The study "Children's early development and learning," presented by the University of Aarhus and University of Southern Denmark, has raised concerns in Denmark. The researchers themselves have called the results "extremely worrying," the Danish newspaper Information reported.
"I do not think this is surprising for those teachers who work on a daily basis with children. But for many others, the results may actually appear shocking. There are marked differences between these groups of children and it is important that we are aware of them when we develop educational work in Denmark," Professor Dorthe Bleses of Aarhus University told Information.
Apart from poorer social skills, the report also revealed that children of non-Western parents are statistically worse at Danish and have an inferior understanding of mathematics as well.
Another explanation may be cultural differences, as non-Western families often have different perceptions regarding child-rearing and what constitutes good social behavior towards other children, Hanne Nielsen of Rambøll Management Consulting pointed out.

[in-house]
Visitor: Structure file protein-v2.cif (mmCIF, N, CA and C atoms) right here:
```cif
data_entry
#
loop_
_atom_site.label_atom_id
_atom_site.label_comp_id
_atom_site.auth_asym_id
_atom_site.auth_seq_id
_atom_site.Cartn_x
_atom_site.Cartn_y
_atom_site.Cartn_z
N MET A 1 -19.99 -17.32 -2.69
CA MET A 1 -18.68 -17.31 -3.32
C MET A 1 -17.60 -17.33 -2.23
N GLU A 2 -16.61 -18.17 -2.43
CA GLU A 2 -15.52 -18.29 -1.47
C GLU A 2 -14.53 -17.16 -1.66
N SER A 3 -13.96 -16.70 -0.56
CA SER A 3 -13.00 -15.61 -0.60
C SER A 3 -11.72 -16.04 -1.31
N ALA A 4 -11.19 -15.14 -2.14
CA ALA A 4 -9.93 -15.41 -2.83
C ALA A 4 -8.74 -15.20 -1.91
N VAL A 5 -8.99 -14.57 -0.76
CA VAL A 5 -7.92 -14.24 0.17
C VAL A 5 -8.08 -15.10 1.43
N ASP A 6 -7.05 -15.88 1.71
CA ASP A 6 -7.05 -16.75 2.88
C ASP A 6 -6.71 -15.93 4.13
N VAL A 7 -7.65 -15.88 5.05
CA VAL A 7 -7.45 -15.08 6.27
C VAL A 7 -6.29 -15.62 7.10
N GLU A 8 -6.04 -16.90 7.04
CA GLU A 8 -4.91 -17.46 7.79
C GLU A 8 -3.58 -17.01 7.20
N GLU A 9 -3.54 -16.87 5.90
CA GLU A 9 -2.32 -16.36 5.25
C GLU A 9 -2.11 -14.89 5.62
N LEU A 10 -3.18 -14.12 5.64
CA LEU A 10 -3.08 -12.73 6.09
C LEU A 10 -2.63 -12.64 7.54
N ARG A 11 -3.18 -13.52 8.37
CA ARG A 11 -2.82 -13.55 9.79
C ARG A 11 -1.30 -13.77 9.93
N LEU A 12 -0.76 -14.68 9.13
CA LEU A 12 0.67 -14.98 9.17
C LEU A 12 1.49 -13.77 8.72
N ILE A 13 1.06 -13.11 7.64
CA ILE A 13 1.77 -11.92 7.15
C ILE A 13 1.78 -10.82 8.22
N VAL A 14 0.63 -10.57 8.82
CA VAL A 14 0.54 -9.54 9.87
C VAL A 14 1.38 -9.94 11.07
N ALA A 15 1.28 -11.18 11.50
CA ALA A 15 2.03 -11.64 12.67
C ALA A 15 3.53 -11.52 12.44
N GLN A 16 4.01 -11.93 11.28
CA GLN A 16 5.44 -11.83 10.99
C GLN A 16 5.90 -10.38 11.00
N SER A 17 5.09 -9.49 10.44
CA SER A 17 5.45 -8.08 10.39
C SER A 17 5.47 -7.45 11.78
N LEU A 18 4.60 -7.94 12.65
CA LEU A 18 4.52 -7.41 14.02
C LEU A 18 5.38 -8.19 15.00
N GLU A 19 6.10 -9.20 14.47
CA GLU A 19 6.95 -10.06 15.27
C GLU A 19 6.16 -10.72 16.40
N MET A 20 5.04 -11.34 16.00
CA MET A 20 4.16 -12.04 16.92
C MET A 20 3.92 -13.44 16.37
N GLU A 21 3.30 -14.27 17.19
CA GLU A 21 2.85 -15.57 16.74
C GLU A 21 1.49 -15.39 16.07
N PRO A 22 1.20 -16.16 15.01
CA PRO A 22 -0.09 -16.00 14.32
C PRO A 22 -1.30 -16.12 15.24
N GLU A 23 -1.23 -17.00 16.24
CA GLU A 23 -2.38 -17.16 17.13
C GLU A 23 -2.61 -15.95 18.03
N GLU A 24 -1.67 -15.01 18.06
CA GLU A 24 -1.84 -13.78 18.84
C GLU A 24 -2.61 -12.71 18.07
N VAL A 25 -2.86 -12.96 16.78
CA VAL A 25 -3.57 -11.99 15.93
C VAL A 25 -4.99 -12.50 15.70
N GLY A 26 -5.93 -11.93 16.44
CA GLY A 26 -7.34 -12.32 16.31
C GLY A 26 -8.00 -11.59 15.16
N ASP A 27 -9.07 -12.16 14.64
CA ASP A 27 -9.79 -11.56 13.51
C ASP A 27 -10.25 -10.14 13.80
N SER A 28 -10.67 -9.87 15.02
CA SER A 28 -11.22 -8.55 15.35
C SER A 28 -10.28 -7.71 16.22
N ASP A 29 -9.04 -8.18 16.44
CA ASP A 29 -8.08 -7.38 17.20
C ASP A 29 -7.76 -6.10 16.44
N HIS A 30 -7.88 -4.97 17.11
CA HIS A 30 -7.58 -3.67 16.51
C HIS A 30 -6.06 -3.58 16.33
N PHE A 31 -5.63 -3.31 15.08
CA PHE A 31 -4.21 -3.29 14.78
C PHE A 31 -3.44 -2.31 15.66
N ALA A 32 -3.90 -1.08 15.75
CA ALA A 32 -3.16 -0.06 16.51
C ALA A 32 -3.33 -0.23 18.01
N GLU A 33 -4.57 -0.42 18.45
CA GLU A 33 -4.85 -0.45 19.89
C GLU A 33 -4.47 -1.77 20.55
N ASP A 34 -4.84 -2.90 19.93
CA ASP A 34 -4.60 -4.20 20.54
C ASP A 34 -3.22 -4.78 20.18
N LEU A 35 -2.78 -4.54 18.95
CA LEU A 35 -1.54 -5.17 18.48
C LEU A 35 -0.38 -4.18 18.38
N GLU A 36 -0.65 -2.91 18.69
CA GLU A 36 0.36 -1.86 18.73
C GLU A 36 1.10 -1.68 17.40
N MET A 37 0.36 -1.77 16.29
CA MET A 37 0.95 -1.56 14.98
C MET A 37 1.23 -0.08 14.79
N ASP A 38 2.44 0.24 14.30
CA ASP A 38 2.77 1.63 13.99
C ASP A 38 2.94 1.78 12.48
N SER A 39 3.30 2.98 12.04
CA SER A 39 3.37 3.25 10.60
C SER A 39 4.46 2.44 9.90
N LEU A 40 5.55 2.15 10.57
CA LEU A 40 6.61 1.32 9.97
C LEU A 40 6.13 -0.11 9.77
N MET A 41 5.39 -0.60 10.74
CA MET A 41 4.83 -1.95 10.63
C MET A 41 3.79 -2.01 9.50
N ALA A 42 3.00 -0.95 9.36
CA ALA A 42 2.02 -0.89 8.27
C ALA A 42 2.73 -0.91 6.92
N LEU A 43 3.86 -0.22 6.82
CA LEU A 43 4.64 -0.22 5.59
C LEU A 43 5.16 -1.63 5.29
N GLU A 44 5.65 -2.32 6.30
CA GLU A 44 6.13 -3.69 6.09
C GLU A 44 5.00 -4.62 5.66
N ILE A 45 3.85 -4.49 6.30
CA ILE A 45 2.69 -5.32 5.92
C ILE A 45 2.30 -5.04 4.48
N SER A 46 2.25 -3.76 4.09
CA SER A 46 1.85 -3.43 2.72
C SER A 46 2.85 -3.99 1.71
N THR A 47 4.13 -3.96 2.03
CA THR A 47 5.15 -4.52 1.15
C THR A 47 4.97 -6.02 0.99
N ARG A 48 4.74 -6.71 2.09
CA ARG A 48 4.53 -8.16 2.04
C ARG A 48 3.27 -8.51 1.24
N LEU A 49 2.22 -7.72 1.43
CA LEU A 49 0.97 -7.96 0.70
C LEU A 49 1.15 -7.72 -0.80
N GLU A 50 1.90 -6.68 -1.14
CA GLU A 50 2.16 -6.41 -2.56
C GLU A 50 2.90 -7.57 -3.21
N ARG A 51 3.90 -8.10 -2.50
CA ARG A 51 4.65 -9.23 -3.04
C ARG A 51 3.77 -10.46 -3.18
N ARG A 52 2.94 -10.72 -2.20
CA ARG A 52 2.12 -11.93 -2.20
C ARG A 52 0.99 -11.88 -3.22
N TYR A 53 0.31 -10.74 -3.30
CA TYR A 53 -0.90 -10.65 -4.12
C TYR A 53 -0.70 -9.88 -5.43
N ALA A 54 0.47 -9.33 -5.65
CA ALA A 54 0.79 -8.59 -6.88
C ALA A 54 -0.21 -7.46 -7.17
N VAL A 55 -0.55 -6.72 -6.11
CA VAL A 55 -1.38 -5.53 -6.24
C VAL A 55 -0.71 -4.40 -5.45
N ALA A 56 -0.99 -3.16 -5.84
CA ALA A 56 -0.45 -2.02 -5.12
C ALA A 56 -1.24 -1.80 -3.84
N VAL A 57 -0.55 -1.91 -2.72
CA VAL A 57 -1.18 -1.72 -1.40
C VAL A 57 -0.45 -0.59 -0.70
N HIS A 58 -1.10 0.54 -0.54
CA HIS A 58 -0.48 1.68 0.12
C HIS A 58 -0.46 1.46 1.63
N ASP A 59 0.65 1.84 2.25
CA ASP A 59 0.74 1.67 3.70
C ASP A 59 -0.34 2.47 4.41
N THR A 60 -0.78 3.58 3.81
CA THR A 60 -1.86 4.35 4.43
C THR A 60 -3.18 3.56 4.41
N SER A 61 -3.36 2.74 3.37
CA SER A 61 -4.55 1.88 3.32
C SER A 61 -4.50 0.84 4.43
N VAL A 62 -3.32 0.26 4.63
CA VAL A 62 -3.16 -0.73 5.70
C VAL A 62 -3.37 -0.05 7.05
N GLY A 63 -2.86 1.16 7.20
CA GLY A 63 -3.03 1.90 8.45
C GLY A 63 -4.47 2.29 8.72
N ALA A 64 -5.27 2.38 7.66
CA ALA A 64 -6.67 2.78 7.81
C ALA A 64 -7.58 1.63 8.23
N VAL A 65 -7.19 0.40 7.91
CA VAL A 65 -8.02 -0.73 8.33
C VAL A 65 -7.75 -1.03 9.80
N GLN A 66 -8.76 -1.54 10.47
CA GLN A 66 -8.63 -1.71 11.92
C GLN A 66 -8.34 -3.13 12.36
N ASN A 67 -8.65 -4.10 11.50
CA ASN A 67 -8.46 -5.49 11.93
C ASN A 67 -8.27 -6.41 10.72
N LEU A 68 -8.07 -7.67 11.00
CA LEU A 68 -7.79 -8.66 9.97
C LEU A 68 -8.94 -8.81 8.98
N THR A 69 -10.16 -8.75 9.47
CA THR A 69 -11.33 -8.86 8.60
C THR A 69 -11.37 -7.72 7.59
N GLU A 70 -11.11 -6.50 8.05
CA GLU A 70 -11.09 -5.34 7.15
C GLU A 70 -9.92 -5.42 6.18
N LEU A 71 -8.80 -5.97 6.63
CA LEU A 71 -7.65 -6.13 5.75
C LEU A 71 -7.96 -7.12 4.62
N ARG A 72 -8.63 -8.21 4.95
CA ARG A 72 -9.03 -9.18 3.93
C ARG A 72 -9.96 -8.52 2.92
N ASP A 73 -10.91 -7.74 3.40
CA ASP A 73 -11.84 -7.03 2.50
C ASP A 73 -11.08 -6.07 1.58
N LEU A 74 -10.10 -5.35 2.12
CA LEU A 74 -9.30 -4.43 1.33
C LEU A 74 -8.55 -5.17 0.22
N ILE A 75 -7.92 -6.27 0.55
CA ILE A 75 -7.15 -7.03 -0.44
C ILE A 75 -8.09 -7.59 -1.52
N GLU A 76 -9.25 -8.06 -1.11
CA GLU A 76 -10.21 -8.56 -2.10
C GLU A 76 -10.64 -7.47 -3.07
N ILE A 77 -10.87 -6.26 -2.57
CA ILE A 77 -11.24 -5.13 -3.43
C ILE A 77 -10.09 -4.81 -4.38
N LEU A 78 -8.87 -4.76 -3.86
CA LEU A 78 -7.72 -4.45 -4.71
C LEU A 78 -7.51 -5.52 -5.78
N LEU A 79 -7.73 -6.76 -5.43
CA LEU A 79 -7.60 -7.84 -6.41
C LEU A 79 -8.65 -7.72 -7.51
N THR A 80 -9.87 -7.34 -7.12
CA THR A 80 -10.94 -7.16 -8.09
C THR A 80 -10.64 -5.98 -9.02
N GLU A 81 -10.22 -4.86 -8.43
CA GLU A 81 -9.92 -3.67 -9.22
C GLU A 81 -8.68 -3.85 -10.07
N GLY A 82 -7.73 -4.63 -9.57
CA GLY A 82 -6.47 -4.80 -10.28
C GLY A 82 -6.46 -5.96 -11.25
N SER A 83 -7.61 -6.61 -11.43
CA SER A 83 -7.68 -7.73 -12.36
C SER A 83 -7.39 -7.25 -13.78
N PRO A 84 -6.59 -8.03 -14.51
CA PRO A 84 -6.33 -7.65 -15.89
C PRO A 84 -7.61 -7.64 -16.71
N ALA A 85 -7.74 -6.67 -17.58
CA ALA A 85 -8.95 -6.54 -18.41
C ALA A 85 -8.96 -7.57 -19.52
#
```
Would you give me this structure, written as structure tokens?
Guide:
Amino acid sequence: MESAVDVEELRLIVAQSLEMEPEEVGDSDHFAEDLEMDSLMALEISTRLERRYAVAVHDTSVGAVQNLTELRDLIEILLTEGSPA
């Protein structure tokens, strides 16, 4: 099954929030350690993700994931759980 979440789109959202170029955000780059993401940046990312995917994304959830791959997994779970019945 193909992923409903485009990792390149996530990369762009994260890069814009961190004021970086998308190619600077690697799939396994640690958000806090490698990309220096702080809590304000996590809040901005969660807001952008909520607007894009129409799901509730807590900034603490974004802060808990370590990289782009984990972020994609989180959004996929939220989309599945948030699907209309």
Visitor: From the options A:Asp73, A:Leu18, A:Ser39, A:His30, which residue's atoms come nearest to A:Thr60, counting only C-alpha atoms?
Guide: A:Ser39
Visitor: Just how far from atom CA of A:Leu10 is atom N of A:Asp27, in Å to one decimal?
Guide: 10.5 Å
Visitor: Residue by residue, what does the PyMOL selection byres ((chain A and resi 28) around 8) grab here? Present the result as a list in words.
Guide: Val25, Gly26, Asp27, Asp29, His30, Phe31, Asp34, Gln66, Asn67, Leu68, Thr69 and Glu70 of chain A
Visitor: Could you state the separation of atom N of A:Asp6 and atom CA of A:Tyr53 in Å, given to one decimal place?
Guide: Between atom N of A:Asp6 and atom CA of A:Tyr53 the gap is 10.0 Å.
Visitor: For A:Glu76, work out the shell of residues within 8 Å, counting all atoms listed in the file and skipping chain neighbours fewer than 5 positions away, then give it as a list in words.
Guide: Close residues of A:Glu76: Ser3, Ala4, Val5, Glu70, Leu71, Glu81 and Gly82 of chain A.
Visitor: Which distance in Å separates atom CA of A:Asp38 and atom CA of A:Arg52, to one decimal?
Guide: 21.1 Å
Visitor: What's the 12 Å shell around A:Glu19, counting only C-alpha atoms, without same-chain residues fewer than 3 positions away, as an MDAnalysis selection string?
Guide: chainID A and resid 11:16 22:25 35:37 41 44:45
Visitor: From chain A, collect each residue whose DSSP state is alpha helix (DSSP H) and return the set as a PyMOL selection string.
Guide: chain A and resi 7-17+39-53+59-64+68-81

Immigrant children are therefore an average of two years behind in their mental development compared with their Danish peers, according to the study. In addition to short-term problems, this is also likely to have an adverse effect on their future, as they may be predisposed to criminal behavior later in life.
"These kids start off with a bad hand, and when they enter the education system there is a risk that they cannot handle it. If they either drop out or otherwise fail to complete their education, it becomes a problem," criminologist Linda Kjær Minke at the University of Southern Denmark told information.
According to Statistics Denmark, 58.12 percent of immigrants had non-western countries of origin in the year 2014. Their proportion rose higher following last year's refugee crisis. Refugees to Denmark are primarily Iraqis, Palestinians, Bosnians, Iranians, and Somalians.